Deserters flee to Canada to avoid Iraq service

NEW YORK — An estimated 5,500 men and women have deserted from the U.S. Army since the invasion of Iraq, reflecting growing problems with troop morale in the United States. Many people are fleeing to Canada, according to the Sunday Telegraph, a trend that rekindles memories of the draft dodgers who flooded north to avoid service in Vietnam.

Jeremy Hinzman, a 26-year-old from South Dakota who deserted from the 82nd Airborne, is among those who have applied for refugee status in Canada. “This is a criminal war and any act of violence in an unjustified conflict is an atrocity,” Hinzman said. “I signed a contract for four years, and I was totally willing to fulfill it. Just not in combat arms jobs.”

The Army treats deserters as criminals, posting them on “wanted” lists with the FBI, state police forces, and Department of Homeland Security border patrols.

Hinzman, who served as a cook in Afghanistan, was due to join a fighting unit in Iraq after being refused status as a conscientious objector. As he marched with his platoon of recruits, chanting “Train to kill, kill we will,” he said he realized that he had made the “wrong career choice.”

Brandon Hughey, who deserted from the 1st Cavalry Division at Fort Hood, TX, said that he volunteered because the army offered to pay his college fees. He began training soon after the invasion of Iraq but became disillusioned when no weapons of mass destruction were found.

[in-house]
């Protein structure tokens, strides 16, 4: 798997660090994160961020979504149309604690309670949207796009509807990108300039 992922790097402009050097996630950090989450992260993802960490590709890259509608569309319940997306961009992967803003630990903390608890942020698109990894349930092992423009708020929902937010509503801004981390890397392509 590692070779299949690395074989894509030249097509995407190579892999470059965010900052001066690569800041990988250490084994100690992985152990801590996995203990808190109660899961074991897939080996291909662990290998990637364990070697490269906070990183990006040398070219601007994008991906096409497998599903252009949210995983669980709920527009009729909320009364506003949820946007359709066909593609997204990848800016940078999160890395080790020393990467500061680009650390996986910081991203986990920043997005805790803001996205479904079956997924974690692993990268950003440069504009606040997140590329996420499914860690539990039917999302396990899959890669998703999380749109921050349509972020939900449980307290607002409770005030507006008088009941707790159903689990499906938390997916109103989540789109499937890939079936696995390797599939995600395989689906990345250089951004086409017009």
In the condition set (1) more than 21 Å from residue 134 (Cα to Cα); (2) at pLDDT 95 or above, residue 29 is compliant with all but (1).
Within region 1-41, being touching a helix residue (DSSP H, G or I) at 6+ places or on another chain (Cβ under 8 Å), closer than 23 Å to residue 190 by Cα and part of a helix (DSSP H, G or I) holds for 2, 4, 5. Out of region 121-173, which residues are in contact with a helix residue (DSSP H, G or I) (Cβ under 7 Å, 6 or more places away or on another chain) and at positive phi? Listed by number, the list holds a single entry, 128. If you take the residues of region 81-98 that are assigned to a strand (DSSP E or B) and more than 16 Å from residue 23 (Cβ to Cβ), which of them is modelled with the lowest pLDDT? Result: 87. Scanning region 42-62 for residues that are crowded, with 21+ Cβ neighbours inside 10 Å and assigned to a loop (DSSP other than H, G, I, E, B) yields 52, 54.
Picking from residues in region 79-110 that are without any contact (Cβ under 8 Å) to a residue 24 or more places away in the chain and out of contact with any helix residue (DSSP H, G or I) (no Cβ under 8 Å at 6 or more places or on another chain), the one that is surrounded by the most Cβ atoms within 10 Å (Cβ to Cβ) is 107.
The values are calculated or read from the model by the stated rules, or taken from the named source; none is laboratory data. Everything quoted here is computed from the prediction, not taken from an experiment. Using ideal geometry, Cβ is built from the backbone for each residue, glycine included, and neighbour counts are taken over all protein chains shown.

Ordered to deploy to Iraq, Hughey searched the Internet for an “underground railroad” operation, through which deserting troops are helped to escape to Canada. He was put in touch with a Quaker pacifist couple who had helped Vietnam draft dodgers, and was driven from Texas to Ontario.

The Pentagon says that the level of desertion is no higher than usual and denies that it is having difficulty persuading troops to fight. However, the flight to Canada is an embarrassment for the military, which is suffering from a recruiting shortfall for the National Guard and the Army Reserves.

The penalty for desertion in wartime can be death, but most deserters serve up to five years in a military prison before receiving a dishonorable discharge.

To stay in Canada, legally deserters must convince an immigration board that they would face “persecution,” not just prosecution, if they returned to the United States.

During the Vietnam War, an estimated 55,000 deserters or draft-dodgers fled to Canada. There were amnesties for both groups in the late 1970s under President Jimmy Carter, but many stayed.

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